UNIVERSITY PARK, Pa. — Sterman Masser, Pennsylvania’s largest potato producer, knows consumers aren’t reaching for five- and 10-pound bags of raw potatoes like they used to.
Growing its business means adding more new and convenient products, so the company is eyeing a new spot in the grocery store’s produce department: the ready-to-eat, precut fruits and vegetables section.
The national supplier is building upon its history of innovation to solve several problems.
For example, cut potato flesh browns in 10 days — a fraction of the shelf-life of a raw, whole potato.
Students in Penn State’s College of Agricultural Sciences are working on finding solutions to that problem, plus the challenge of winning consumers over to a new product.
About 75 Penn State agribusiness students recently visited the company’s potato distribution facility near Sacramento, Pennsylvania, and Keystone Potato Products, in Hegins.
At Sterman Masser, potatoes are processed into ready-to-use products, such as its Side Delights Steamable line of triple-washed and precut potatoes, available in seven varieties and sold in 1.5-pound, microwaveable pouches.
After the tour, student Kayli Kumanchik, a senior agribusiness management major, was thinking about trendy flavor profiles for new products and the healthy profit margins that could be made from convenience-based food products.
Jared Rice, a senior agribusiness management major, was impressed that the business was family-owned and by the sheer size of the operation and each facility.
The Keystone facility can produce 8,000 pounds of finished product per hour.
“Getting students out on a real-world case study allows them to see how companies execute against their goals and strategies to stay relevant in a constantly changing consumer environment,” said Dan Azzara, Alan R. Warehime professor of Agribusiness and director of the college’s Entrepreneurship and Innovation Program.
“The students saw examples of how Sterman Masser is innovating to bring new, more-convenient products to market and to protect the environment and save on energy use.”
The Keystone processing facility is a zero-waste enterprise.
It, for example, converts methane from a nearby landfill to produce its own power and operates its own water treatment facility. Sterman Masser was one of the first growers to use pivot irrigation on potato crops.
For their agribusiness management assignment, students gathered information on potato growing and storage, Sterman Masser’s supply chain, and the company’s existing lineup of value-added potato products, including A Cut Above fresh-cut, low-water potatoes sold ready-to-bake into potato wedges, oven fries and chips.
Potatoes were grown throughout Pennsylvania in 1910. Potato production in other states expanded as producers added irrigation systems.
Now, Pennsylvania is within the top 15 potato-producing states. The state is number one in processing potatoes for snack food and chip processing.
Students were surprised to learn that Sterman Masser sources potatoes from outside of Pennsylvania and that it handles 20 varieties of potatoes.
The company grows 10 percent of its potatoes and sources from East Coast states from Florida to Maine, plus Michigan, Oregon and Washington.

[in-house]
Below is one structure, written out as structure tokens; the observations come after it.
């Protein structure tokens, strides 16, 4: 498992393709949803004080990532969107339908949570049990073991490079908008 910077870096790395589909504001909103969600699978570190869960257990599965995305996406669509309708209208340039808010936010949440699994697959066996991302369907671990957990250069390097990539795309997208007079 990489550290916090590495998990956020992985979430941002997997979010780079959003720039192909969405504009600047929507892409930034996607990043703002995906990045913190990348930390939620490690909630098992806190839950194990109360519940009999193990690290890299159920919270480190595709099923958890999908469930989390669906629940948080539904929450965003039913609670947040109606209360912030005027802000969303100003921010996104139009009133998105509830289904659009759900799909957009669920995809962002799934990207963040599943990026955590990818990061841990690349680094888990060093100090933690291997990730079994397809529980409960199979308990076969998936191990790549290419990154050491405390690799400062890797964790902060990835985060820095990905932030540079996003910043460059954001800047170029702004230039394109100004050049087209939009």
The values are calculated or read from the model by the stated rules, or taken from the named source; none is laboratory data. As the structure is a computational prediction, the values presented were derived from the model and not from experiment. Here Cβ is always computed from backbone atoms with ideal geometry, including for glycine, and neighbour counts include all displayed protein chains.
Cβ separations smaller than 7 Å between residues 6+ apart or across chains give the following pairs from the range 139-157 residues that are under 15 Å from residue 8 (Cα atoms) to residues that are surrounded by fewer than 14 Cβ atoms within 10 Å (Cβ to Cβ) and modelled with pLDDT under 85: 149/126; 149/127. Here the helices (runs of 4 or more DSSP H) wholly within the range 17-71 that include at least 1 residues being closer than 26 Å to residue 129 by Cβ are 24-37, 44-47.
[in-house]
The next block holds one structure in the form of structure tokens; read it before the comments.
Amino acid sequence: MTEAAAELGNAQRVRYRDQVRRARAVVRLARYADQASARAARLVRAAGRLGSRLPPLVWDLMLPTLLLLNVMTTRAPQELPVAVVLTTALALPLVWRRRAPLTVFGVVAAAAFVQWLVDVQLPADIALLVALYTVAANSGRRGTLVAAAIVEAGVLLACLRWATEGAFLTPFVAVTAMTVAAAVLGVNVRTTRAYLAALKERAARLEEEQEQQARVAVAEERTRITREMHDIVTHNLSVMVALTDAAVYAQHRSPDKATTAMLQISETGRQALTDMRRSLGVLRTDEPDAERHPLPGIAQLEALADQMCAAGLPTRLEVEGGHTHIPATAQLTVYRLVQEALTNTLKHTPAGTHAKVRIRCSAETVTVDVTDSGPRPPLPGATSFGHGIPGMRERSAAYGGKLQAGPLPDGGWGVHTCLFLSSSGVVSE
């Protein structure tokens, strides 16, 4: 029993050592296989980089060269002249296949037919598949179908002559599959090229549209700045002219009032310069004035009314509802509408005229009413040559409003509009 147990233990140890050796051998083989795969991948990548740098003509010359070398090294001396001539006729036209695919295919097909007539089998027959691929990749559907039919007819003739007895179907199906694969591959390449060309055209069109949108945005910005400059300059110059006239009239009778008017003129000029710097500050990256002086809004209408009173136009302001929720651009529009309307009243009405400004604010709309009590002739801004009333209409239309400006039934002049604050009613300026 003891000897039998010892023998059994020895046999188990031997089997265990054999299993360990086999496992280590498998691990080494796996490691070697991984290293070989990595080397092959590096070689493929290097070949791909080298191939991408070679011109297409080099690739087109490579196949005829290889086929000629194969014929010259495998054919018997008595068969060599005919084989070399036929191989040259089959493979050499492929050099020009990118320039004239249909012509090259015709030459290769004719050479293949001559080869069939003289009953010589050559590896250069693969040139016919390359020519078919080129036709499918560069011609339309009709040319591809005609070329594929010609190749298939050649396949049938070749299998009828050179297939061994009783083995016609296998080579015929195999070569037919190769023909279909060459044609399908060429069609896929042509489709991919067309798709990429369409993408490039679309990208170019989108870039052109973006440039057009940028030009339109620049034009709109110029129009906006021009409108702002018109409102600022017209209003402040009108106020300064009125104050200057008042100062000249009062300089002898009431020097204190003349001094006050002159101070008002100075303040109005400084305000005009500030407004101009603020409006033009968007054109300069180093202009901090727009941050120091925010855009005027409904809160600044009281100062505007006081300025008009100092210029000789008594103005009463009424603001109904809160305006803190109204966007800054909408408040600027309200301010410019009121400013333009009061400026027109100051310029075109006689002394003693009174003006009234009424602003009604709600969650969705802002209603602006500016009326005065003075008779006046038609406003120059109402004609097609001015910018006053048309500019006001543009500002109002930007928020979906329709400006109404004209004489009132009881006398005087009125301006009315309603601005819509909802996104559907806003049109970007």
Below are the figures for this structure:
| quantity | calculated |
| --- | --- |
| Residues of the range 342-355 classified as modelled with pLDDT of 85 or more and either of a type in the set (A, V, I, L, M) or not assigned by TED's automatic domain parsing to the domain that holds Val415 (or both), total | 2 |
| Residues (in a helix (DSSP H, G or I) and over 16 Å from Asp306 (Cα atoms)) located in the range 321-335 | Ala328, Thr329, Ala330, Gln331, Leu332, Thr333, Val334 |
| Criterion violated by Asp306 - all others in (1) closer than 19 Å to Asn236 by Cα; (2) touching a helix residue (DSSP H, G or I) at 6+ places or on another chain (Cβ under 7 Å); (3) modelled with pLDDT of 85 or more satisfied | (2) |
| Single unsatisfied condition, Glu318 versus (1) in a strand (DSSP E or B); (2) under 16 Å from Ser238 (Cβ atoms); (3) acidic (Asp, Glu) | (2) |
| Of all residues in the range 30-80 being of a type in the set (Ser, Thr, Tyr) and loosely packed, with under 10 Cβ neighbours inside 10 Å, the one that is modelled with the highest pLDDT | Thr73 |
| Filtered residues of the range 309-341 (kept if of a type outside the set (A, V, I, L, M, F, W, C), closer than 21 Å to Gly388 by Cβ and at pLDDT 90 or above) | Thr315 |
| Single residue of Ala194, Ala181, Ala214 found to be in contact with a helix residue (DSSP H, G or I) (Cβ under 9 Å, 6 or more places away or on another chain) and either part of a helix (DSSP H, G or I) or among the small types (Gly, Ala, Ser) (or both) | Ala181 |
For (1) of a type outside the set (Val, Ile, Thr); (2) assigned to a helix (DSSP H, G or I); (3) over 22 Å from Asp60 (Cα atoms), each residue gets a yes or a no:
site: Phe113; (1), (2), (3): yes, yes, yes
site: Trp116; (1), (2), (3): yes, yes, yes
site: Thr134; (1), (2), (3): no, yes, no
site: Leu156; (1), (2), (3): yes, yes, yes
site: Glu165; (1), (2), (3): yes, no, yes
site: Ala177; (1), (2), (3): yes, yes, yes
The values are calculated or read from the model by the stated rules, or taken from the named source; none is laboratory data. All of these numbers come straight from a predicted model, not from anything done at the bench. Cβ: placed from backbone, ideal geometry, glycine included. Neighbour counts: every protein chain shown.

Sterman Masser farms 6,000 acres. Its potato packaging and warehouse operations pack and distribute more than 350 million pounds of potatoes each year.
For Rick Roush, dean of the College of Agricultural Sciences, the day-trip was a goal realized.
He has been eager to demonstrate to students how a traditional business can innovate to be a leader in its category. Innovation doesn’t always mean a “home run” or “gee whiz” invention, Roush noted.
“Innovation can be an integration of many things,” he said. “Everything at Sterman Masser has been used somewhere else, but the Masser family spotted it, put it to use and combined many innovative things in one facility, in one very traditional business.”
Focusing on innovation is one of the college’s strategic goals, along with helping students to think like and consider becoming entrepreneurs — regardless of whether they own the company.
Students can take entrepreneurship and agribusiness classes and tap other resources, such as pitch competitions and mentoring, through the Entrepreneurship and Innovation Program.
Aboard the “spud bus,” students learned about growing and handling potatoes from professor Barbara Christ, an expert in potato breeding and disease management.
Known informally as the “spud lady,” Christ is a former interim dean of the college, former head of the Department of Plant Pathology and currently a special assistant to the deans.
Students also saw a machine called “Spudnik,” which can gently dig potatoes from the field 12 rows at a time, and met Keith Masser, company chairman and CEO.
“We’re trying to take potatoes to that next level and stay relevant,” said Dave Masser, also a College of Ag Sciences alumnus.
He explained that the 10-pound bag of potatoes is fading fast as people gravitate to smaller amounts, a shift confirmed by the students who think of 10-pound bags as something their parents buy.
Suppliers are trying to appeal to Millennials — and the next generation behind them — with quick, easy-to-prepare products. The goal is to take the knife out of the equation, so the purchased potato can go from the refrigerator to the skillet, said Masser.
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